LAS VEGAS -- Lennox Lewis kept his anger bottled up until it exploded with a tremendous right-hand punch that made him heavyweight champion again.
That fury came out with a crashing blow that knocked out Hasim Rahman in the fourth round Saturday night -- one that was even better than the right hand Rahman used to knock out Lewis in the fifth round to win the title April 22.
''He showed a lot of disrespect, but I've been keeping it all inside,'' said Lewis, who was angered by Rahman's insinuations about his sexuality.
The right hand, set up by a short left hook, dropped Rahman flat on his back. He struggled up at the count of nine, but then fell to the canvas. Referee Joe Cortez signaled the fight was over at 1:29 of the round.
''He hit me with a good shot and I couldn't recover,'' the 29-year-old Rahman said. ''I'm no quitter, and getting knocked out is something that happens in boxing.''
While Rahman's instincts were to get up, his legs never got the message.
Lewis, however, did a victory dance in the ring at Mandalay Bay and pounded his chest as he became the fourth fighter to regain the title from the man who beat him. The other three were Floyd Patterson, Muhammad Ali and Evander Holyfield.
Lewis couldn't resist gloating and shouted that Rahman should change his name from Hasim to ''Has Been.''
''I told you he was just a freshman in the game,'' said Lewis, who engaged in a battle of jabs in the first two rounds and then took control in the fourth.
The victory set up a potential major money match for Lewis against Mike Tyson. A Tyson fight against Ray Mercer on Jan. 19, possibly in Atlantic City, N.J., has been talked about.
''I congratulate Lennox Lewis for recapturing the heavyweight championship,'' Tyson said from Phoenix. ''He said he wants me. Well, I really look forward to it.
''It will be the biggest fight in boxing. Start counting the days, Lennox, because I promise you they are numbered,'' Tyson said.
The stunning ending preserved the 36-year-old Lewis' career. He had said if he couldn't beat Rahman, there was no sense in continuing to fight.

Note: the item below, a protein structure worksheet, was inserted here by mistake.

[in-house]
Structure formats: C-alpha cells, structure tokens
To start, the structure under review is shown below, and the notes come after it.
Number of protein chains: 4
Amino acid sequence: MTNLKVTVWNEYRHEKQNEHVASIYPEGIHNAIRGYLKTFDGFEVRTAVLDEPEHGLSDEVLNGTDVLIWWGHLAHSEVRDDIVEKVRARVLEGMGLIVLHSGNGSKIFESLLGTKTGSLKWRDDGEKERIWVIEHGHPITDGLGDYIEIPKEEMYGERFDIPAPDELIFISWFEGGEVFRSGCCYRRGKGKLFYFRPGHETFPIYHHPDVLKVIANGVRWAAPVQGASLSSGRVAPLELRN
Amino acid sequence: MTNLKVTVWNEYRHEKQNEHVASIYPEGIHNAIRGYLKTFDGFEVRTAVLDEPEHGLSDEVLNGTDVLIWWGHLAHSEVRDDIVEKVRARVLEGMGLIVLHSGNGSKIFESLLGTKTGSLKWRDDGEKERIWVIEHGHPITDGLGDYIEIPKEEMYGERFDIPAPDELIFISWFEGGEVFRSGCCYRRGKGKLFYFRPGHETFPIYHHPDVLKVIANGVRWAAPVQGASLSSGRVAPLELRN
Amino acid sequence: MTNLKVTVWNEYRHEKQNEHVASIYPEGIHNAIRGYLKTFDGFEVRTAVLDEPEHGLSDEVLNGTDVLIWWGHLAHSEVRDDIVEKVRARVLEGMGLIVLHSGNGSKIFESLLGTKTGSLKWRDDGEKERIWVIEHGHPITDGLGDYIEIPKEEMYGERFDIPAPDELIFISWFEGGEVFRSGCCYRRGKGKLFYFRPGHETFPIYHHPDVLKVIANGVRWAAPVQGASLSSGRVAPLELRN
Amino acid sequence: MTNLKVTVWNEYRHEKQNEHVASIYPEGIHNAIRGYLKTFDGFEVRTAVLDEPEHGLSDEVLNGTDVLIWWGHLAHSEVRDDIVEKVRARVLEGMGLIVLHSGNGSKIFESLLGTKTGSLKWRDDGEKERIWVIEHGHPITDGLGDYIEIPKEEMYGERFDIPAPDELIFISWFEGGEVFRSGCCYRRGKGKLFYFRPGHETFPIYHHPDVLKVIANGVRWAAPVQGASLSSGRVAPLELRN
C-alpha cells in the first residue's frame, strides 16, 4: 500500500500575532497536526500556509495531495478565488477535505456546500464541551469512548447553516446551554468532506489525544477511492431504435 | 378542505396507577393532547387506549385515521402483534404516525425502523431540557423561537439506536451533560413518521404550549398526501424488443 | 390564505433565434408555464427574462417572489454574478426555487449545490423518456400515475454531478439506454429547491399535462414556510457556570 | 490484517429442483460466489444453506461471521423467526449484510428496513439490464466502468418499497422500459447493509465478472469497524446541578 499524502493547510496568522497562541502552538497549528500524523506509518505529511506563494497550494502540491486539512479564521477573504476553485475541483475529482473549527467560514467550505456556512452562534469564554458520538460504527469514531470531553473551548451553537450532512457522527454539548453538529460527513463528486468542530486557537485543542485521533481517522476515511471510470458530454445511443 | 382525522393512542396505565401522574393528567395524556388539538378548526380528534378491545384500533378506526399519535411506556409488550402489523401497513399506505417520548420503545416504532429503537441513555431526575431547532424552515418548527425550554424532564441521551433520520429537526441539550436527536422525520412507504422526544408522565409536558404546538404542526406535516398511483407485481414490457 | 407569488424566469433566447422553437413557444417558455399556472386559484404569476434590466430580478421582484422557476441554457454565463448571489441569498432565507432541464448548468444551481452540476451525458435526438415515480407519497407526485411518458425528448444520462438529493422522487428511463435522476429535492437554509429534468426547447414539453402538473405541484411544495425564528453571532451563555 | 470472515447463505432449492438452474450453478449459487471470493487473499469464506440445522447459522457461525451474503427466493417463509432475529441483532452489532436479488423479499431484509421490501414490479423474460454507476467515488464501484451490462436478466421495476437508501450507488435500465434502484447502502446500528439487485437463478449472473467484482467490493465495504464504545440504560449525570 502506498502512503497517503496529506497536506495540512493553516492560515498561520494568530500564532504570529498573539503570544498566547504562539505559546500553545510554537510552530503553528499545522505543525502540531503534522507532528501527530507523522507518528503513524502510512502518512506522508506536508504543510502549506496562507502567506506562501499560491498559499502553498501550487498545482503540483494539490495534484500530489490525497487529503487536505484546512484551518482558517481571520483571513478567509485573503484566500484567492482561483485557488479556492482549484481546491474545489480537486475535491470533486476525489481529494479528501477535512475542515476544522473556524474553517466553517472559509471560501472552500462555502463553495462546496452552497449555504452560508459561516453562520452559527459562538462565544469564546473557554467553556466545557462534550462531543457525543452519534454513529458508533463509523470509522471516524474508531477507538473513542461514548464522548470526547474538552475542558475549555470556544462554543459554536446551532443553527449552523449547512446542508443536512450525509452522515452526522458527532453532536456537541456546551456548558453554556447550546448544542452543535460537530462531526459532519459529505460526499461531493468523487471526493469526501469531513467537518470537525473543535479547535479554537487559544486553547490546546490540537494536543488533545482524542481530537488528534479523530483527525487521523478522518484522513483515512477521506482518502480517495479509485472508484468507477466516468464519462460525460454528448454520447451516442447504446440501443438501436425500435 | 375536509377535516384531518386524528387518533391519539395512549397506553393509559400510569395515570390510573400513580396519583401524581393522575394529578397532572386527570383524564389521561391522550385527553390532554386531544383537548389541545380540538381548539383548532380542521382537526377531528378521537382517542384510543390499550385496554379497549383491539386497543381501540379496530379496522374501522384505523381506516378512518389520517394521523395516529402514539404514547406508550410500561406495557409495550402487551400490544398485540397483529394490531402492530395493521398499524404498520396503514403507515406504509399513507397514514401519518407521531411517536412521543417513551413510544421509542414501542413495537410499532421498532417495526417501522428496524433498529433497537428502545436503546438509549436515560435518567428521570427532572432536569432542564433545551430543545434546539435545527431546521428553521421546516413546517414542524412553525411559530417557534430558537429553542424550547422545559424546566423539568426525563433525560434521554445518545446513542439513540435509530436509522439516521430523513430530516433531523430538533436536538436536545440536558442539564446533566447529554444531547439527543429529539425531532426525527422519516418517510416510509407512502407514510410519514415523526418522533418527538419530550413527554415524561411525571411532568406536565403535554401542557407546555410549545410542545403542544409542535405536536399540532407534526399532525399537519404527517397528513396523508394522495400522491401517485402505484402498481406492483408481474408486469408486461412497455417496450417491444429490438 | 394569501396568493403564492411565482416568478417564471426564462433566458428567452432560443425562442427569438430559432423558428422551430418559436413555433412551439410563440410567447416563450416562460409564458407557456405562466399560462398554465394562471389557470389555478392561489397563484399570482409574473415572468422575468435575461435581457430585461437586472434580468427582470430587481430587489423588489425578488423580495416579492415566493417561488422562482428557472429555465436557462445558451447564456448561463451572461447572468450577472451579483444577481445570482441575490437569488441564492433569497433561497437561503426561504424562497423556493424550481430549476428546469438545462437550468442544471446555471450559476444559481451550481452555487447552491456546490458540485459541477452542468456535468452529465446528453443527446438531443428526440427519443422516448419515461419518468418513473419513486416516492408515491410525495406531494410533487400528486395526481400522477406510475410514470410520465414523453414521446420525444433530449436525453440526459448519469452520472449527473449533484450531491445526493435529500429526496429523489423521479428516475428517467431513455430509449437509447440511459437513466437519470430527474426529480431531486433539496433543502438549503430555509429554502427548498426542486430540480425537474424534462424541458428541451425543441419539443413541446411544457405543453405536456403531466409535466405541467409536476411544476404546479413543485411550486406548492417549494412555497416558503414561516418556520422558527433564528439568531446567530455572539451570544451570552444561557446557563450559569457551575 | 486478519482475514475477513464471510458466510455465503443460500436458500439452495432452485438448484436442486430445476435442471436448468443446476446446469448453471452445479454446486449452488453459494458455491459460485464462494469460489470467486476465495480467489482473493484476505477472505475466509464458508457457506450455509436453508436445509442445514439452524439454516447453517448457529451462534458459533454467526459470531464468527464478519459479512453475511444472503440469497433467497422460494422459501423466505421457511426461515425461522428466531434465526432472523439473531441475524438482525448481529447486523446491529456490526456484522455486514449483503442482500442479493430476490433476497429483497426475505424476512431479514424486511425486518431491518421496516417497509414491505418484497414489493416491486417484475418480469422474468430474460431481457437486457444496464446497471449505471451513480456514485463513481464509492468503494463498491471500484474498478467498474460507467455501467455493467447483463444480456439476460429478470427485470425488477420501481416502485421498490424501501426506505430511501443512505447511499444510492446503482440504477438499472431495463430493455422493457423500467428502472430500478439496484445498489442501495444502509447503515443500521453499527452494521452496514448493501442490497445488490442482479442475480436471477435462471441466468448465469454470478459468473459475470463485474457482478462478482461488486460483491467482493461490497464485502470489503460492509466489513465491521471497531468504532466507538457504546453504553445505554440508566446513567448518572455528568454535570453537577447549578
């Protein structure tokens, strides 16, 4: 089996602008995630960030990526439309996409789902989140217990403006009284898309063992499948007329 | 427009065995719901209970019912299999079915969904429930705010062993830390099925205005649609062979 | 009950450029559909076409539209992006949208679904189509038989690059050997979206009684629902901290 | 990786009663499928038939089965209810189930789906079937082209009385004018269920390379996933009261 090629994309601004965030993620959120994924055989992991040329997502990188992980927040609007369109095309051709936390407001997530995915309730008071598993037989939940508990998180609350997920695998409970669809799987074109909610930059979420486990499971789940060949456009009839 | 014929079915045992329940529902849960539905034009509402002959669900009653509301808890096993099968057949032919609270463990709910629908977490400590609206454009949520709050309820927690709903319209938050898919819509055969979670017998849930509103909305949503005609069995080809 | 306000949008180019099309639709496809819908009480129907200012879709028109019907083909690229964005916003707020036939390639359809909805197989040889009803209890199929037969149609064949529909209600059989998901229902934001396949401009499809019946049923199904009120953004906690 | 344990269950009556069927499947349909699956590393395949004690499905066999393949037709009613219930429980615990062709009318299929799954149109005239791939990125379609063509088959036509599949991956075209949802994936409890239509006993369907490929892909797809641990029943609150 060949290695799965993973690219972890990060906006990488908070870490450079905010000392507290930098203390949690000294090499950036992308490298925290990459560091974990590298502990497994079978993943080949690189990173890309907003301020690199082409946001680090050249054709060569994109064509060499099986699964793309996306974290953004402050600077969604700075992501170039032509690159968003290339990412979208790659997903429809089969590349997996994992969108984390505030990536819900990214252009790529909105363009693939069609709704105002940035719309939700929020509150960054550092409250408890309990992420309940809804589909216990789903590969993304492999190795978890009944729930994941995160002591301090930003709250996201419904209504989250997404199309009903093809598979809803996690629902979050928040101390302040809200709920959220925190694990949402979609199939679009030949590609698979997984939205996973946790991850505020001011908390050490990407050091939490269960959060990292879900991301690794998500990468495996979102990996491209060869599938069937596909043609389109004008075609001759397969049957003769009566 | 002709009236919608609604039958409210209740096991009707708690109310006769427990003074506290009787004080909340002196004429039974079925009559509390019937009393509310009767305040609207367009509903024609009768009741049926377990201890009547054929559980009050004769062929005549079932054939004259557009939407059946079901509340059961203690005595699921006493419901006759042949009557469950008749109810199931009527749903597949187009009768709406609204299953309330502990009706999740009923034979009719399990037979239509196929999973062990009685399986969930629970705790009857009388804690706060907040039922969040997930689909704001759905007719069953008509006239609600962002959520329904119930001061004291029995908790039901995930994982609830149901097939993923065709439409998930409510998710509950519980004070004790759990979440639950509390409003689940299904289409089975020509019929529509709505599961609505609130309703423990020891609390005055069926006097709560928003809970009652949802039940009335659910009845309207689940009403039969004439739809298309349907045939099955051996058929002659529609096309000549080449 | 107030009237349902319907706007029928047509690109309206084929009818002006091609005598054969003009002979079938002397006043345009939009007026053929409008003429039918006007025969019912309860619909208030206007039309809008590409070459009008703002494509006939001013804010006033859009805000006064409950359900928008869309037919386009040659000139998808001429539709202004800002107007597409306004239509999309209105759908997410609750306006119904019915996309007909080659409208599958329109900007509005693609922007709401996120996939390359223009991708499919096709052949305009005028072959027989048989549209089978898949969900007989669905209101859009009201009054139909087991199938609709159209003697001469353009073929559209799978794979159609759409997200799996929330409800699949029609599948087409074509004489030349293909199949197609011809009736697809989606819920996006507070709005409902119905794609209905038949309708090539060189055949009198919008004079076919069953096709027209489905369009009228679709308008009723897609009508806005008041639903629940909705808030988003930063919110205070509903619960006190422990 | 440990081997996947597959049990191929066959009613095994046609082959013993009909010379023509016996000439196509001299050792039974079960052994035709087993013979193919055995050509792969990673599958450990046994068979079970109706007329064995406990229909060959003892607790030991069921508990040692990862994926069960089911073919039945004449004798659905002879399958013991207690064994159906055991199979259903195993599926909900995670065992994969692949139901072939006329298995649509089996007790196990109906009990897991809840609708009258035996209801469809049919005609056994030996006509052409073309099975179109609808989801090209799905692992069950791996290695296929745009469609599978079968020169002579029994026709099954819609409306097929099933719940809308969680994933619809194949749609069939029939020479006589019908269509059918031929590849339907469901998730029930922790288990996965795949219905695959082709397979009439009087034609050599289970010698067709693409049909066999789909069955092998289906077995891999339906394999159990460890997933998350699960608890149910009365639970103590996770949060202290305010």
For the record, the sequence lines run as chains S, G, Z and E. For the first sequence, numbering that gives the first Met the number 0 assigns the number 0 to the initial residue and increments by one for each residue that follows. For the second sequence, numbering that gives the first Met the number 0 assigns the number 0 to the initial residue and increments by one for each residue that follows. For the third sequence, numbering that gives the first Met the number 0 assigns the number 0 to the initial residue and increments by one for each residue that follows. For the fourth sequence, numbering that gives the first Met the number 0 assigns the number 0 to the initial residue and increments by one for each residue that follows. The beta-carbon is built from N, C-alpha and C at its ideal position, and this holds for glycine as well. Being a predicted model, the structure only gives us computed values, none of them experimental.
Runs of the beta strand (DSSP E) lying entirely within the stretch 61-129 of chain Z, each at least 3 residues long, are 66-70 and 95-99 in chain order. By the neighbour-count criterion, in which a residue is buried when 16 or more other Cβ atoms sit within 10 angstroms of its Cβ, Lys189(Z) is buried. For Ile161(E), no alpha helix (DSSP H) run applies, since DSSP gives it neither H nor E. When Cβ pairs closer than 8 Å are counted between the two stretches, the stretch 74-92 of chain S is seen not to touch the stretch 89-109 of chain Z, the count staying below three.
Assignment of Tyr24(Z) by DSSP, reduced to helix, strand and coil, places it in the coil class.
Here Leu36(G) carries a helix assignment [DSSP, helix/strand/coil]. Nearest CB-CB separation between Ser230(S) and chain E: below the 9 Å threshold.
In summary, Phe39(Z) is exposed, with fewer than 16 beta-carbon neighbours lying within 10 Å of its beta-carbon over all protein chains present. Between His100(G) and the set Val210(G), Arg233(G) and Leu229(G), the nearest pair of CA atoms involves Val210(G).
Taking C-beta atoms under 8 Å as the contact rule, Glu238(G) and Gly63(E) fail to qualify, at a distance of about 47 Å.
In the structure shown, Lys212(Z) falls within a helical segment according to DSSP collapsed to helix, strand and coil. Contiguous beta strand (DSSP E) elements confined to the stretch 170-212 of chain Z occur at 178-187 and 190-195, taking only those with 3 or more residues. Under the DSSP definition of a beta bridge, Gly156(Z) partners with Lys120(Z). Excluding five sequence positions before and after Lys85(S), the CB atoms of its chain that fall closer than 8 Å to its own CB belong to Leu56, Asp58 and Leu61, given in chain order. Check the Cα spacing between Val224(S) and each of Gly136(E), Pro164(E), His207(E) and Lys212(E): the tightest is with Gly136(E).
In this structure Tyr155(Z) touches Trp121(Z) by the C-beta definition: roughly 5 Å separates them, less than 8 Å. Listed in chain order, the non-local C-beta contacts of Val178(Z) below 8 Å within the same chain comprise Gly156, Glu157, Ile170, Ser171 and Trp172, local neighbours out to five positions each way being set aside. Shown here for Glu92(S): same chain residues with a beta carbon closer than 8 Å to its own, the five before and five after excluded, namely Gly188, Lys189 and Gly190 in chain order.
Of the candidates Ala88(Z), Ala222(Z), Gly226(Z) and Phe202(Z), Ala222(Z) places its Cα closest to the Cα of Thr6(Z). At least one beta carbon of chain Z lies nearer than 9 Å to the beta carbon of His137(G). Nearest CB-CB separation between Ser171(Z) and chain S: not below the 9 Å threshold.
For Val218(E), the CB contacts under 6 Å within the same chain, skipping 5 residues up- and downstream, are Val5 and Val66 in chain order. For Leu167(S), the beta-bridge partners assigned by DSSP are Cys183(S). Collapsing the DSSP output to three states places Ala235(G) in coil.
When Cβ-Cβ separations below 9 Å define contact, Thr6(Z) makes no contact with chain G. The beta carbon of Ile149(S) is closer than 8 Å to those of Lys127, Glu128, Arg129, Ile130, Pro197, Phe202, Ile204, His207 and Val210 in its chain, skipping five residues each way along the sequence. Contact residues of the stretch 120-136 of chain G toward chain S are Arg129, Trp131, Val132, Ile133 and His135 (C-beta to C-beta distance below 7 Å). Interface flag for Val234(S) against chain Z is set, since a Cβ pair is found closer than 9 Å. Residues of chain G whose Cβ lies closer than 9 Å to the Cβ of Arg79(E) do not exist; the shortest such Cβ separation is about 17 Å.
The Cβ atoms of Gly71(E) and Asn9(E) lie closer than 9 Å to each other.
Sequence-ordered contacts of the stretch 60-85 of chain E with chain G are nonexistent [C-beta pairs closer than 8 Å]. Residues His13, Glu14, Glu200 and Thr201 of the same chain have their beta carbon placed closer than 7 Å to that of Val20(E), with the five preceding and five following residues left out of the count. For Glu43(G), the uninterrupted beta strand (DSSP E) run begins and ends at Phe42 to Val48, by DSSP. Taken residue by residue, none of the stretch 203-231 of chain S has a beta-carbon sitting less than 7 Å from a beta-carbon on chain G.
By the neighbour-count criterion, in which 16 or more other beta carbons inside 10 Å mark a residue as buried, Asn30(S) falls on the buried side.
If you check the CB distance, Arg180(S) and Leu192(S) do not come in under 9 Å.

Lewis had to go to court to have Rahman give him an immediate rematch, and that provoked Rahman.
Many boxing observers thought Lewis might play it cautiously -- the way he has in past fights -- and try to jab his way to victory.
Lewis, looking much trimmer than he did when he lost the title to Rahman in South Africa, had more than just victory on his mind.
He was thinking revenge and began throwing his right at the outset. It didn't start taking effect until the third round, although he cut Rahman over the left eye in the first.
''I definitely wasn't gun shy,'' Lewis said. ''I got him in the fourth round, so I'm one up on him.''
According to a CompuBox punch analysis, Lewis landed 72 of 144 punches thrown and Rahman got home with 48 of 105.
All three judges gave Lewis the first three rounds. The AP gave Lewis two of the first three.
The 6-foot-5 Lewis, who weighed 246 1/2 pounds -- 6 1/2 pounds under his career-high weight in the first fight -- looked relaxed and confident from the start.
Rahman, 236 pounds, landed several good jabs in the first two rounds, but never got in a punch that rattled Lewis.
Lewis, of Britain, was a 5-2 favorite and he looked every bit of it. As the fight progressed, it was the champion who became tentative.
Lewis signaled the end might be in sight when he shook Rahman with a big right hand 20 seconds into the fourth round. Of the knockout sequence, Rahman said the left hook blinded him, and he never saw the right hook coming.
Rahman, of Abingdon, Md., lost for the third time -- all by knockout -- against 35 wins. He has 29 knockouts.
Lewis is now 39-2-1 with 30 knockouts. His record in championship fights is 13-2-1 with eight knockouts.
Each fighter made a minimum of $10 million for the pay-per-view match. Lewis will make much more than that should he fight Tyson.
A couple of days before the fight, Rahman had said: ''I feel a knockout.''
The only thing he felt Saturday night before 10,500 fans was a knockout punch from Lewis.
Peninsula Clarion ©2015. All Rights Reserved.